From Publishers Weekly
American Enterprise Institute adjunct fellow Mylroie (coauthor, with Judith Miller, of Saddam Hussein and the Crisis in the Gulf) here contends that the CIA and State Department, motivated by bureaucratic self-interest and a wrong-headed theory of terrorism that focuses on independent terrorist networks rather than terrorist states, have obstructed the investigation into the threat posed by Saddam Hussein's regime. Fortunately, President Bush is "an actual hero" who pushed ahead with the invasion of Iraq despite the intelligence bureaucrats' efforts to undermine him with nay-saying leaks. Mylroie's thesis hinges on her demonstration of a compelling case pointing to Saddam's possession of weapons of mass destruction and sponsorship of Islamic terrorism. Unfortunately, this mainly amounts to a rehash of the Bush Administration rationale for war that has generated so much skepticism. What new information she does offer is usually a matter of suppositions, probabilities and "suggestive leads." Particularly weak is her attempt to link Saddam to the 2001 anthrax attacks, which rests on a few cryptic Iraqi media statements and a process of elimination. As for the failure to find any WMDs in Iraq, she can only speculate that they were hidden, sent abroad or "destroyed in a final, cunning act of revenge." Ostensibly an expose of intelligence failures in the war on terrorism, the book itself offers mostly murky intelligence.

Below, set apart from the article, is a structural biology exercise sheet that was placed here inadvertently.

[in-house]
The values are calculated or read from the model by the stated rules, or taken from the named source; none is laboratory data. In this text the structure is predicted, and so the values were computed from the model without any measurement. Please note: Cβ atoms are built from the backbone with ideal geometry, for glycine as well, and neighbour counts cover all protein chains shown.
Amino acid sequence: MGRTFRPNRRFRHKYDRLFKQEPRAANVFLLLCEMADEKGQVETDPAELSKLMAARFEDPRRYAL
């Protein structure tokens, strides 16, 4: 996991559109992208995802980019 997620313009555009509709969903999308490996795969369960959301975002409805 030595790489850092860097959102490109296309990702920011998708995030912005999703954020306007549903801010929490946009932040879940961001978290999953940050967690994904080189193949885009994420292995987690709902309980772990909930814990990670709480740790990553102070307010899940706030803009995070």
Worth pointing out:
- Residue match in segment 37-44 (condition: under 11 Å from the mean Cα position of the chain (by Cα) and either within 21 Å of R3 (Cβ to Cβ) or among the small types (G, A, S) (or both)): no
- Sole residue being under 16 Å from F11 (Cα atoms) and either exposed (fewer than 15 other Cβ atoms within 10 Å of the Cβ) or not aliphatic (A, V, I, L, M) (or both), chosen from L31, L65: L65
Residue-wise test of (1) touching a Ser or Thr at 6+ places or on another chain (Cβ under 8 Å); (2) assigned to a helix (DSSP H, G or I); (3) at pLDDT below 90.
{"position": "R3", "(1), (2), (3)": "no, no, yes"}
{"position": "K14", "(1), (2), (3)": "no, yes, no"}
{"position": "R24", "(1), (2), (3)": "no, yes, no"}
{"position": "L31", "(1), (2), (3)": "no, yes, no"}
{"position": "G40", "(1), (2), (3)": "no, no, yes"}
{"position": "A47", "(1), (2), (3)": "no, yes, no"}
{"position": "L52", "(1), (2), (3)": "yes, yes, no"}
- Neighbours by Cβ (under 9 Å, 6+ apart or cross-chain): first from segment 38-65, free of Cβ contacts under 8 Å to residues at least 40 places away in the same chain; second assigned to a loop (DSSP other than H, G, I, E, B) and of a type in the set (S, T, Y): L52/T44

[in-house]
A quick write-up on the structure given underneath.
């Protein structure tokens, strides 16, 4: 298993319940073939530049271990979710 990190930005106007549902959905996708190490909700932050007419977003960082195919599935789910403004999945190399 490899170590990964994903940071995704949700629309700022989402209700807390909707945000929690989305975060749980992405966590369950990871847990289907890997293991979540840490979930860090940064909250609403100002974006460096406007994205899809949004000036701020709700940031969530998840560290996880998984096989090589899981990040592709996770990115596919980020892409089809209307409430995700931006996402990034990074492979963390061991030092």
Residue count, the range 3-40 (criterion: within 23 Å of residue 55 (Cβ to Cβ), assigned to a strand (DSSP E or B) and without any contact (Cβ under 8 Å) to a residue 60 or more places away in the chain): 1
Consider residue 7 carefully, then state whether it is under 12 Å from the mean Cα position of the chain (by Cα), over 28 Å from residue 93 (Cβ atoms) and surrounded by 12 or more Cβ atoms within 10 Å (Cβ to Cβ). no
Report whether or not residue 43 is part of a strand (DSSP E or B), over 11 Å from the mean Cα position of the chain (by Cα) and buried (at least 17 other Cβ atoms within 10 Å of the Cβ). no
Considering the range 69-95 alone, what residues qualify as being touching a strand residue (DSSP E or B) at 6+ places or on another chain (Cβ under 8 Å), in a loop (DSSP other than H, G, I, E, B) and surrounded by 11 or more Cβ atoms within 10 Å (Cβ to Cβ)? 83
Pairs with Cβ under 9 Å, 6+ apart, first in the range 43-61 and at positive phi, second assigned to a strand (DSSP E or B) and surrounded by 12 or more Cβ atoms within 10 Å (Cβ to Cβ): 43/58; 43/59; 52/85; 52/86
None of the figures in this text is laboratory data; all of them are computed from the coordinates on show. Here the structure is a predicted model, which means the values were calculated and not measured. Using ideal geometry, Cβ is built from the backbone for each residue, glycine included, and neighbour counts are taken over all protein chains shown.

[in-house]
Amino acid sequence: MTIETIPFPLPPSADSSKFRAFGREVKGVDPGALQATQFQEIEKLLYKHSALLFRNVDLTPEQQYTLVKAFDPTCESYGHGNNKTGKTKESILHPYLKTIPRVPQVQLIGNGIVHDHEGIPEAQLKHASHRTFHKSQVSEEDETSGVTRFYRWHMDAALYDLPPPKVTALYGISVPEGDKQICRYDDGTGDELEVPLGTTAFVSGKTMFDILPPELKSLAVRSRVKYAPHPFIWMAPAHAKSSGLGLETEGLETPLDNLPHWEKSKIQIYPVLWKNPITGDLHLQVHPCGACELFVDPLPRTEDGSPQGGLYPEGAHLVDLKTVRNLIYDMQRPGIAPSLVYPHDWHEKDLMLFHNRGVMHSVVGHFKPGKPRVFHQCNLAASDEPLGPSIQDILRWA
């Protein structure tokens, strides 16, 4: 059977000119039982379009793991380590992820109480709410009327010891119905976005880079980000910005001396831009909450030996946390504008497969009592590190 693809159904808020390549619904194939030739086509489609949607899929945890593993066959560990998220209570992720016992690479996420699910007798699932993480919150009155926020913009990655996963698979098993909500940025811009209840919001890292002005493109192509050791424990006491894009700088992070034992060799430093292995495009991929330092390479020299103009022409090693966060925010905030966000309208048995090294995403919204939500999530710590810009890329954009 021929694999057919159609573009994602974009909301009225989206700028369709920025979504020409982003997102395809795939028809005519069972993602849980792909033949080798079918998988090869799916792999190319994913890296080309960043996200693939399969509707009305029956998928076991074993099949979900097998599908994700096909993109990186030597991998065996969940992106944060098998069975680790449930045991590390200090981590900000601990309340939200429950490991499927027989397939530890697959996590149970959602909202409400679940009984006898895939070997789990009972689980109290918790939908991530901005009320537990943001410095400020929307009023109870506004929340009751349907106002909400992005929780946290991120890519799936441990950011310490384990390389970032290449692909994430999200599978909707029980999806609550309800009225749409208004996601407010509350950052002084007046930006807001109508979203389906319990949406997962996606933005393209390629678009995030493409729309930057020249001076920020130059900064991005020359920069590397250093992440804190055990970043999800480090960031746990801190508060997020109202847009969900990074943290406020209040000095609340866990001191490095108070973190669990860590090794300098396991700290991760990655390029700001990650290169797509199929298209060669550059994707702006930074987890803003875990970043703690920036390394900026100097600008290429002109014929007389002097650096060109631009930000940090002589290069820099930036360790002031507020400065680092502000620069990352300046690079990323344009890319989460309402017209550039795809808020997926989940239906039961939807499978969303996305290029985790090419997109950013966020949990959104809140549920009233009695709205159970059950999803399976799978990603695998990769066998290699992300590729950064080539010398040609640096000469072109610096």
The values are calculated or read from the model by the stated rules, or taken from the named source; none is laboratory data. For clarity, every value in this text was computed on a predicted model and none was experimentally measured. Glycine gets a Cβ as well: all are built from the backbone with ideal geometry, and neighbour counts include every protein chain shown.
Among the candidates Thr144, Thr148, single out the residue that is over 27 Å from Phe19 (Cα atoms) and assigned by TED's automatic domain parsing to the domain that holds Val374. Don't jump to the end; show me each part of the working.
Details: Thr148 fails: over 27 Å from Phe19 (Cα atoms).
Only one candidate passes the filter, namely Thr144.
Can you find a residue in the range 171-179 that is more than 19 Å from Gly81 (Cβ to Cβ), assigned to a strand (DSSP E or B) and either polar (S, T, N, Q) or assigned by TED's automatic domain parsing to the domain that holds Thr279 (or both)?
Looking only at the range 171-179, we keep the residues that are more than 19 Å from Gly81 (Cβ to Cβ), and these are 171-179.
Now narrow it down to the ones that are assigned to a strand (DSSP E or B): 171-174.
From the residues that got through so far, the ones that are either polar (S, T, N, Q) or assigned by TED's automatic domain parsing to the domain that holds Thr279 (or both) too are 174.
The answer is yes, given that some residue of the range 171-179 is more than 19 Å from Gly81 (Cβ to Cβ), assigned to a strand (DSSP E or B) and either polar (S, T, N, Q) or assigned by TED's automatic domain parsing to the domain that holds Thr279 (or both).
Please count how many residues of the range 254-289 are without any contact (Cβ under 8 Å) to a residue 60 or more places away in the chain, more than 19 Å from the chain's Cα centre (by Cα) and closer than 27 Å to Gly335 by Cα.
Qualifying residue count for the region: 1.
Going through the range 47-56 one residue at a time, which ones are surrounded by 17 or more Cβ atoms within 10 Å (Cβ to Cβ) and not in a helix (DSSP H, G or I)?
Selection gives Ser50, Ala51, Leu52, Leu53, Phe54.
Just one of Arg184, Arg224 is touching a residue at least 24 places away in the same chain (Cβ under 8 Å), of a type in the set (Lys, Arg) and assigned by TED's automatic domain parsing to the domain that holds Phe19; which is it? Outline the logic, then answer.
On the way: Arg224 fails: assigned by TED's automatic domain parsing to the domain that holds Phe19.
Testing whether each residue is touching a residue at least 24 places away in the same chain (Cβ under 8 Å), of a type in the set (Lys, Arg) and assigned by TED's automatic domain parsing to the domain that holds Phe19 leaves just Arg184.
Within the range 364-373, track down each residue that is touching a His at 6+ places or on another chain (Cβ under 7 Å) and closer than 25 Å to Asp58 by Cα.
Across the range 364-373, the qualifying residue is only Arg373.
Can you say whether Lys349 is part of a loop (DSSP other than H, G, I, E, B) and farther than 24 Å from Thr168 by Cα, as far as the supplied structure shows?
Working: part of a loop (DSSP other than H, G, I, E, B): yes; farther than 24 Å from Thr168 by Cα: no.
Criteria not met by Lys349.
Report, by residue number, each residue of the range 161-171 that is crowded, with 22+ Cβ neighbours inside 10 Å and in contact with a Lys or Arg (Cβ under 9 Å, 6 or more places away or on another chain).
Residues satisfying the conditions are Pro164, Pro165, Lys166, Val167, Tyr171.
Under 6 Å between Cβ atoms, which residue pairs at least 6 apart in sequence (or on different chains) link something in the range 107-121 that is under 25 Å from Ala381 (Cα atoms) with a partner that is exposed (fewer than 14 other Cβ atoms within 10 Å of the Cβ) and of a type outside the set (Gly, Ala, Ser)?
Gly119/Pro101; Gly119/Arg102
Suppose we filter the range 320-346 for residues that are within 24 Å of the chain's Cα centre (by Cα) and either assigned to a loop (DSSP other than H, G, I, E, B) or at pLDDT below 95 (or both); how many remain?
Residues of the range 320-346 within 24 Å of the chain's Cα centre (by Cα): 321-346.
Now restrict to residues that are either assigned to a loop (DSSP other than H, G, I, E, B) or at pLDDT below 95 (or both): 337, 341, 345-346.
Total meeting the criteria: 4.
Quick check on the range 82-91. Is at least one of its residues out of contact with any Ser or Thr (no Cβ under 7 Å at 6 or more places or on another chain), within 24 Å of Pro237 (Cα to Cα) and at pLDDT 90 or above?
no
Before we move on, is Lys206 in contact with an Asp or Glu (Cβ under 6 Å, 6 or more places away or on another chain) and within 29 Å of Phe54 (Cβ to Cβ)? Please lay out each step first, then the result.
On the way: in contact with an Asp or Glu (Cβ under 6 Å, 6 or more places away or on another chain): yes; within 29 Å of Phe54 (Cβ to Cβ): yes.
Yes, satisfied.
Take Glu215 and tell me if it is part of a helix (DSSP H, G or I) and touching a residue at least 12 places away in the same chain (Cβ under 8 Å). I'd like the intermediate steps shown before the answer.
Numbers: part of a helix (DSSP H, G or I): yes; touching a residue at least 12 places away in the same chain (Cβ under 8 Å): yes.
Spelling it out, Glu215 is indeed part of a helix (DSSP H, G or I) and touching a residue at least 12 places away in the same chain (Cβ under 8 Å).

Copyright 2003 Reed Business Information, Inc.
As the subtitle suggests, Mylroie claims the CIA and the U.S. State Department (among other bureaucracies) systematically discredited vital intelligence about the threat of violence from Iraq and, in particular, about Saddam Hussein's own intentions. It seems, on the surface, an unusual claim, but the author, who advised Bill Clinton on Iraq during his 1992 presidential campaign, marshals a lot of persuasive evidence. She demonstrates how important proof of danger from Iraq was dismissed by the federal government, in large part a result of the ill-conceived notion that, after the 1993 attacks on the World Trade Center, state-sponsored terrorism against the U.S. was no longer a going concern. The book chronicles President Bush's run-ins with the bureaucracies of his government and documents the "massive intelligence failure" in the 1990s that culminated in the September 11 attacks. "George W. Bush was absolutely right," Mylroie writes, "there was no choice but war." It is a conclusion that some will not support, both here and abroad, but it is argued well. A key document in the ongoing policy debate. David Pitt
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